By Jerry Eltzroth
I witnessed a flock of what appeared to be sea gulls frolicking in a parking lot in West Irvine a few days ago. Last week while in the Richmond Walmart parking lot, I observed sea gulls flying around that area and landing on the light poles. Folks reported seeing them in Berea too. What’s going on?
Scott Shalaway, who holds a Ph.D. in wildlife ecology from Michigan State University, had this insight into the sea gull mystery: “Most of the winter gulls seen here in the inland east are ring-billed gulls and herring gulls. Both are common along the Atlantic coast in the summer, but large populations also nest inland on the many islands of the Great Lakes.
“When winters are mild, they stay near the lakes. But when cold Canadian air masses plunge southward, gulls wander in search of open water. Small lakes can ice up quickly, but even the Great Lakes can freeze almost completely by mid-winter. When this happens, gulls head south in search of open water. During the day, they scavenge at landfills, dumpsters, parking lots, and anywhere else they can find food. At night, they roost (sleep) on ice near open water where they are relatively safe from predators.
“This raises another interesting question. How do gulls (and ducks and geese, for that matter) roost on ice all night long without their feet freezing? They use an amazing network of blood vessels that act as counter-current heat exchangers to reheat blood as it returns from the feet to the body. When blood flows into the feet, it cools quickly. But rather than freezing, venous blood flowing back to the body core is reheated by the warmer blood in the arteries.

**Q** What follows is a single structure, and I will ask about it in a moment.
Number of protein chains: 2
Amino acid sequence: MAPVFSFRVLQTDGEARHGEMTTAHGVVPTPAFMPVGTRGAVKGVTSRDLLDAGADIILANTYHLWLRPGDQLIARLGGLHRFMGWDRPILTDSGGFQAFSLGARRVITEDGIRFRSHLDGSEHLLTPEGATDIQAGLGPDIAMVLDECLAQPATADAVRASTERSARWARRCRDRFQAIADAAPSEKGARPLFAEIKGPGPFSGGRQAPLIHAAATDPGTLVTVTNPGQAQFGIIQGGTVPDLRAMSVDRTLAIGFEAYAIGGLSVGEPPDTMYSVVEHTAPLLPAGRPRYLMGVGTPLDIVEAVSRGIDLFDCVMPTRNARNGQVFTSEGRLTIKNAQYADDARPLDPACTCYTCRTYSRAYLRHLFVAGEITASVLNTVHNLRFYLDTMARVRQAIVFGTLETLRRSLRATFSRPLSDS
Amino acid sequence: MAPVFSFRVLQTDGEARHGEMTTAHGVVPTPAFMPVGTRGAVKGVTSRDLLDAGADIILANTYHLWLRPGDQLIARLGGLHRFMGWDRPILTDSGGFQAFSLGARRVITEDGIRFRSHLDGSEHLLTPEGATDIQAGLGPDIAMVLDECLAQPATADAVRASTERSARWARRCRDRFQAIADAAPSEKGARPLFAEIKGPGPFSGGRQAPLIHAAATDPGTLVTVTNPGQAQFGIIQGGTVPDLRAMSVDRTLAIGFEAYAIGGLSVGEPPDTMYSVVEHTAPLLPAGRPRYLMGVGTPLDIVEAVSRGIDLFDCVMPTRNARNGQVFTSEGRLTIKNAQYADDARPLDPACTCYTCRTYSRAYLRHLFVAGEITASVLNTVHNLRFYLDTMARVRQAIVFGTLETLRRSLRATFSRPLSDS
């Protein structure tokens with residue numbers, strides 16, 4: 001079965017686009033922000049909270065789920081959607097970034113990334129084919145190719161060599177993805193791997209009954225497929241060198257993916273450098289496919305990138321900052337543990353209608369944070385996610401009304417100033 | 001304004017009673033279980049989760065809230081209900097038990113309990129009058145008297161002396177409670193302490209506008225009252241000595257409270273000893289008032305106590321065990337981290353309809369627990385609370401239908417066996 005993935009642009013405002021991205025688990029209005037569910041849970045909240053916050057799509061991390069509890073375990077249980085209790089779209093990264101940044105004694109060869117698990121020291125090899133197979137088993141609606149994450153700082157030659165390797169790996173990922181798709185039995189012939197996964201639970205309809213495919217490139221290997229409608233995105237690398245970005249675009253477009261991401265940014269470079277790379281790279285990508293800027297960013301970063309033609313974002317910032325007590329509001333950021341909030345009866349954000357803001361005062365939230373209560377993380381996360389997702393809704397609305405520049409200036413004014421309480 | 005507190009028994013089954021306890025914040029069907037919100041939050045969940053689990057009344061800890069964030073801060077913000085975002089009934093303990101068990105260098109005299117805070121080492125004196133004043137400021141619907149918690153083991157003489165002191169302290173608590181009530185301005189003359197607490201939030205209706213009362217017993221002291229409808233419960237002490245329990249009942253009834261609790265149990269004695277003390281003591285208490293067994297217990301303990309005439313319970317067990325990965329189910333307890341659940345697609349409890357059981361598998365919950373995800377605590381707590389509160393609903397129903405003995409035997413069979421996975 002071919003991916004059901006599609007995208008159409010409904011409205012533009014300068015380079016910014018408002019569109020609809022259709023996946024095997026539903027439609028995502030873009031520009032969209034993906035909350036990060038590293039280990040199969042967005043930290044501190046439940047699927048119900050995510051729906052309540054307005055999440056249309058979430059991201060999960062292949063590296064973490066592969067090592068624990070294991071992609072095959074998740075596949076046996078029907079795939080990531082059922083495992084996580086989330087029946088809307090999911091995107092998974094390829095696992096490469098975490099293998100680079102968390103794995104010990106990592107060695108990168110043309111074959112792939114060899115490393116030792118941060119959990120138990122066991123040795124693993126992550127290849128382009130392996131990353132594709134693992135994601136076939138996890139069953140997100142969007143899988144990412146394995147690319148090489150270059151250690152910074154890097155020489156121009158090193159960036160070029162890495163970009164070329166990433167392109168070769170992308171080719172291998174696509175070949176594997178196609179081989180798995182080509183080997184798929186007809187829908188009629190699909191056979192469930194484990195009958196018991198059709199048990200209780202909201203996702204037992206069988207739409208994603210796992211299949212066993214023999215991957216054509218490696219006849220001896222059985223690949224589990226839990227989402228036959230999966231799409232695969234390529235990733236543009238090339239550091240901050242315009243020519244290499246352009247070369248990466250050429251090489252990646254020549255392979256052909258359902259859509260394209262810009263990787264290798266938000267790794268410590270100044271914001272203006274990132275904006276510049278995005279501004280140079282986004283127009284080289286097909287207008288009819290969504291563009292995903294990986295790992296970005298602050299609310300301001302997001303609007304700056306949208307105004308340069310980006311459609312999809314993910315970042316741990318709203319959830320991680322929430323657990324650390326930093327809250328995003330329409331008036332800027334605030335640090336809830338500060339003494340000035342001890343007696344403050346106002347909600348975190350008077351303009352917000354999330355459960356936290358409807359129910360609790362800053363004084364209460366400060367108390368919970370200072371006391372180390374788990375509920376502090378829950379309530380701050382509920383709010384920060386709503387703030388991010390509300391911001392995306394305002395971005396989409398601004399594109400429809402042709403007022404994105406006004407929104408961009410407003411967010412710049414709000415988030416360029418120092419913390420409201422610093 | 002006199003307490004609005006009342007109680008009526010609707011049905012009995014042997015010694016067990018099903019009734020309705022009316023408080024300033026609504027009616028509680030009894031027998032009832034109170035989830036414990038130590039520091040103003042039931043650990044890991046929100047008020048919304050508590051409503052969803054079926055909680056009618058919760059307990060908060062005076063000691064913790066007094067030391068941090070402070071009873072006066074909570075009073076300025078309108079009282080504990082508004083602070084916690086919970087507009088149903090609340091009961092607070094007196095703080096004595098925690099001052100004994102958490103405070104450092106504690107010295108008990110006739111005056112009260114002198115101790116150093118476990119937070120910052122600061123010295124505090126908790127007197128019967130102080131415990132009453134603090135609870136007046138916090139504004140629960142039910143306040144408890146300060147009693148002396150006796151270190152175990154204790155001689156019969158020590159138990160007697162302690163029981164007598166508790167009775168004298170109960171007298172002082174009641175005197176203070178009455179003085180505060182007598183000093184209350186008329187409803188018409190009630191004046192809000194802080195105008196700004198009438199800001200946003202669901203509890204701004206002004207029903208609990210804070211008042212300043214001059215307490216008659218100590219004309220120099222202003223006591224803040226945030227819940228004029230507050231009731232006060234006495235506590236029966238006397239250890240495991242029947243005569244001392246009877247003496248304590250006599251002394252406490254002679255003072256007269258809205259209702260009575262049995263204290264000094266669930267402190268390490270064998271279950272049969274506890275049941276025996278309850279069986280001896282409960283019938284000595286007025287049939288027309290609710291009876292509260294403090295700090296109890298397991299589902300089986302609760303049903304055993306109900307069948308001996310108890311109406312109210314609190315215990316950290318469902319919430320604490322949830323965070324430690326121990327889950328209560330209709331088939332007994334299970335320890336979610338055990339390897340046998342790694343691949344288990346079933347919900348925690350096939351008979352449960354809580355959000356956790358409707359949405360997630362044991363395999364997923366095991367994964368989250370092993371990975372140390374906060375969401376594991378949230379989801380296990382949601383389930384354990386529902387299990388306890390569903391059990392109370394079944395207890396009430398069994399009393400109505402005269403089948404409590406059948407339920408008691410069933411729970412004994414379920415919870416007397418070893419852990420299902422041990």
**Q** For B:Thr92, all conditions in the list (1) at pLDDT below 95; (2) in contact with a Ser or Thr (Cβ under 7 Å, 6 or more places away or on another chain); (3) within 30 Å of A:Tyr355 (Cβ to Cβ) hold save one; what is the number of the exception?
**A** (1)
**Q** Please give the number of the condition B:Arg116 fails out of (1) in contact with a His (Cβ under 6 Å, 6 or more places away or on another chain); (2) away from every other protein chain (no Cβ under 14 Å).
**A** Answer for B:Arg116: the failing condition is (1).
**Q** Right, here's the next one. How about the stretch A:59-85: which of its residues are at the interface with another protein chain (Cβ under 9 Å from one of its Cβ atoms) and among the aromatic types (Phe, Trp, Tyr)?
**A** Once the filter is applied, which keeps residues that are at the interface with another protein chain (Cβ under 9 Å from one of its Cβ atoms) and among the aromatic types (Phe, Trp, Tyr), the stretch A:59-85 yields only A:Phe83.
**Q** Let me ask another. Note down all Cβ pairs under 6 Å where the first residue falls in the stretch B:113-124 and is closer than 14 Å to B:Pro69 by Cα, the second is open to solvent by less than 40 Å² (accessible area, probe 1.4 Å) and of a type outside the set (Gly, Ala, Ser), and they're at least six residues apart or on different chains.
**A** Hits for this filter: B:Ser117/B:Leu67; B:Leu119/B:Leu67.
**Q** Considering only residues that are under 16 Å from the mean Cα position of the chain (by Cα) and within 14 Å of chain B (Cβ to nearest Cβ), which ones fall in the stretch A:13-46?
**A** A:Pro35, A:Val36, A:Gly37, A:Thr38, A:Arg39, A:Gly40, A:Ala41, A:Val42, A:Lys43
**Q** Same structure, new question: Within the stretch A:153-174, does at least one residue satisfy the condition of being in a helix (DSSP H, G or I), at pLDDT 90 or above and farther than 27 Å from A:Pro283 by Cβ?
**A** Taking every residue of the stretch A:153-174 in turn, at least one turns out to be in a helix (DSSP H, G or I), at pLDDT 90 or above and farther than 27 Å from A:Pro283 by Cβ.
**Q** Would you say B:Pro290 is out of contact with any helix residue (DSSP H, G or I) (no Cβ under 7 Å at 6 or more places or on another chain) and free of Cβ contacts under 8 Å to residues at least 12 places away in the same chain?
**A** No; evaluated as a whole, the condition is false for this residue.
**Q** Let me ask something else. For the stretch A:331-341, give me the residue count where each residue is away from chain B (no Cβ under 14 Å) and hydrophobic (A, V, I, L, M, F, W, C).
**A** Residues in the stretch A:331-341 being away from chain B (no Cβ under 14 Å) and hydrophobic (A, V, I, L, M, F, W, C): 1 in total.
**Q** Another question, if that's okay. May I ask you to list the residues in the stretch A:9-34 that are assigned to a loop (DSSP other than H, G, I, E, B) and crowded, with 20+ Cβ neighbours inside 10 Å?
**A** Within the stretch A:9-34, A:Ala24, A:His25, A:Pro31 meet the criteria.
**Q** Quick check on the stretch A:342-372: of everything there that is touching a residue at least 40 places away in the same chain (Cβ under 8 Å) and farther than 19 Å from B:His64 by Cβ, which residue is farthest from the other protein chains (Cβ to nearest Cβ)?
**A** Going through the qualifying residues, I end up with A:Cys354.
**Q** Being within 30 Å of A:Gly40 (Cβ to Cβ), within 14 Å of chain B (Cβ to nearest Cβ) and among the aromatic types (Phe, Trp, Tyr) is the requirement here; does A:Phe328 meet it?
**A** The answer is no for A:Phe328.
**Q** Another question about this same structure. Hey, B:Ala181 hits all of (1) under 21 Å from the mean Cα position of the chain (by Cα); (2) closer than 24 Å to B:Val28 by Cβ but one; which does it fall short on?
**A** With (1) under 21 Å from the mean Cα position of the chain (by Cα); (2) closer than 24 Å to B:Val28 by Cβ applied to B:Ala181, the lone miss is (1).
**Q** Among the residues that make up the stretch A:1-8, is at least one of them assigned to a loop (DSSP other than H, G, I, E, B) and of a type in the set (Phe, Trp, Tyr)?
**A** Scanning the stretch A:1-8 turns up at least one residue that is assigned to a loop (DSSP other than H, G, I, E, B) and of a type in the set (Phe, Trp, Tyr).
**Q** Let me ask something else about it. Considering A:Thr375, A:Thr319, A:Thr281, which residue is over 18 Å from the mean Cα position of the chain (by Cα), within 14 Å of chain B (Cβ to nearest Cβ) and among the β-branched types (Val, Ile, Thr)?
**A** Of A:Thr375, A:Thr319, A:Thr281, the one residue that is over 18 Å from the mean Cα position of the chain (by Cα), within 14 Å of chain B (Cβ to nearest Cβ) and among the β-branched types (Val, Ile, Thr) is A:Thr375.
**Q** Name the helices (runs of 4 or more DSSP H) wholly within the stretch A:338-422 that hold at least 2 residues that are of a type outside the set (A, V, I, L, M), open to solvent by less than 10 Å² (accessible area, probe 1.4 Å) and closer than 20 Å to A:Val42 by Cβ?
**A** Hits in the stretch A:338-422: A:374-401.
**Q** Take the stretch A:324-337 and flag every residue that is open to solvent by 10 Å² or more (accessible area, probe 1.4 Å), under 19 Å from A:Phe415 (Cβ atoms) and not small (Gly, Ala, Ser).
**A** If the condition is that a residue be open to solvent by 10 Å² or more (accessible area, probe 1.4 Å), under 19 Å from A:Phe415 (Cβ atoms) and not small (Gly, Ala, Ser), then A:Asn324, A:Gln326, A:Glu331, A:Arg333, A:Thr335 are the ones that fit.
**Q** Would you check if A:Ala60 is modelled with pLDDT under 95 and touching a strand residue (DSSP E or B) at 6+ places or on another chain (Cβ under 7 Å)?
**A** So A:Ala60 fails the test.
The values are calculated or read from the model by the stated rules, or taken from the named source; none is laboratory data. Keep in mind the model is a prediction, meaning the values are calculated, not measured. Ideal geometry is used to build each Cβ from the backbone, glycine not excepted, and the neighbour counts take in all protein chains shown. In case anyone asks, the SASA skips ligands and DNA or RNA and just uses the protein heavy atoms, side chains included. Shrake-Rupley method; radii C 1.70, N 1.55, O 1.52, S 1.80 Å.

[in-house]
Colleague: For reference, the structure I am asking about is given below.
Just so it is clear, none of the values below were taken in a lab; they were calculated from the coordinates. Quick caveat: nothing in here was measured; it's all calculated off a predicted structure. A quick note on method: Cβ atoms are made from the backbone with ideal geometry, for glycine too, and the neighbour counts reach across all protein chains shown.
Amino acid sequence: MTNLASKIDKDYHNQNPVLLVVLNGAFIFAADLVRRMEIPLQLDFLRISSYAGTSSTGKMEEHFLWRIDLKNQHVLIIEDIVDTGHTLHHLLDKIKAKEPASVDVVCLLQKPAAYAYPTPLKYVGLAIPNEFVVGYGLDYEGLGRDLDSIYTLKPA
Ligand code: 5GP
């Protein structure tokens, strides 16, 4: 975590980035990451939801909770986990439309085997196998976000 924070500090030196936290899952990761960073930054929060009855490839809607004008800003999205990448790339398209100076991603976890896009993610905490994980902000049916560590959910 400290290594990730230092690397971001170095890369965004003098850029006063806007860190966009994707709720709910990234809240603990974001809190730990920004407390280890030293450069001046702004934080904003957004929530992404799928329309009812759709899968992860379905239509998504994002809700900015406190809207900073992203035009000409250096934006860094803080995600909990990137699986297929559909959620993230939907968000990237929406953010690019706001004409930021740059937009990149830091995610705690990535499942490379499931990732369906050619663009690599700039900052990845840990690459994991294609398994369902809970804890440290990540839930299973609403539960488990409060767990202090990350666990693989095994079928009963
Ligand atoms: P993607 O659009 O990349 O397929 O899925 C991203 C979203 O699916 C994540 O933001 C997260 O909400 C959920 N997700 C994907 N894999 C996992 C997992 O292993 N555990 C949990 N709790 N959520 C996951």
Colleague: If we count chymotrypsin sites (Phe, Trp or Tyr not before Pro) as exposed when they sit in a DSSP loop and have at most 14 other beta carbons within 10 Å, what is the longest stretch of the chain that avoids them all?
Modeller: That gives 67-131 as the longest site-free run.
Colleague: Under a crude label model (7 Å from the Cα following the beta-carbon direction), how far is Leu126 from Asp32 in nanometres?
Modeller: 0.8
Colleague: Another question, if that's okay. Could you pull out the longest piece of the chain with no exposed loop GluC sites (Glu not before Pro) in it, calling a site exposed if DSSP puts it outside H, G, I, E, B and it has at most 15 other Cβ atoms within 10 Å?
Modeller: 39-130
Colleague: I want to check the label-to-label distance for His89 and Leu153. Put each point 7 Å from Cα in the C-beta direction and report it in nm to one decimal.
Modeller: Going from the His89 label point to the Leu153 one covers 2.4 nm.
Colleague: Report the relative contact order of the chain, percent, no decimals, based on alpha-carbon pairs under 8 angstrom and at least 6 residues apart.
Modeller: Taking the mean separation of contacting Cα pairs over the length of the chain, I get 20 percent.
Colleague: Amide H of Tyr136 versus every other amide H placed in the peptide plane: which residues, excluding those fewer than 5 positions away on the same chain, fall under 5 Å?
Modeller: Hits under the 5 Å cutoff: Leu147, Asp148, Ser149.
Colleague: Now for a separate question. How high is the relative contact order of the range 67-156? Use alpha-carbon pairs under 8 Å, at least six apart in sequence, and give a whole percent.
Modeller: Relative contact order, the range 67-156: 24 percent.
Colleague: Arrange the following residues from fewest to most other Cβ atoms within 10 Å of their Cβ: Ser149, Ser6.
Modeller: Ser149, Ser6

“Furthermore, bird feet can tolerate low temperatures because they contain mostly tendons and bones and little muscle or nerve tissue. Sometimes winter flocks of gulls draw attention from crowds of both birders and non-birders.
“So that’s why we see gulls in winter. Ice freezes them out of preferred places, and they head south for open water. In the spring when the ice thaws, the gulls return north to islands in the Great Lakes and beyond.
“The most frequently seen winter gulls are ring-billed gulls. Adults are about 18 inches long and have a four-foot wingspan. The yellow bill is encircled by a black ring near the tip, hence its name.
“Herring gulls, the other common winter species, resemble ring-bills, but are larger, about 25 inches long with a five-foot wingspan. The bill is yellow, and the lower bill has a red spot near the tip.
“In nature, gulls are opportunistic scavengers. They eat fish, carrion, crabs, insects, mollusks, and almost any sort of organic garbage, including French fries and hamburger buns. Larger gulls can be quite predatory and even partake of small birds and mammals. If you’re puzzled by seeing gulls this winter, just look around. It’s probably very cold, you’re probably just a few miles from a lake or river, and there’s probably an open dumpster nearby.”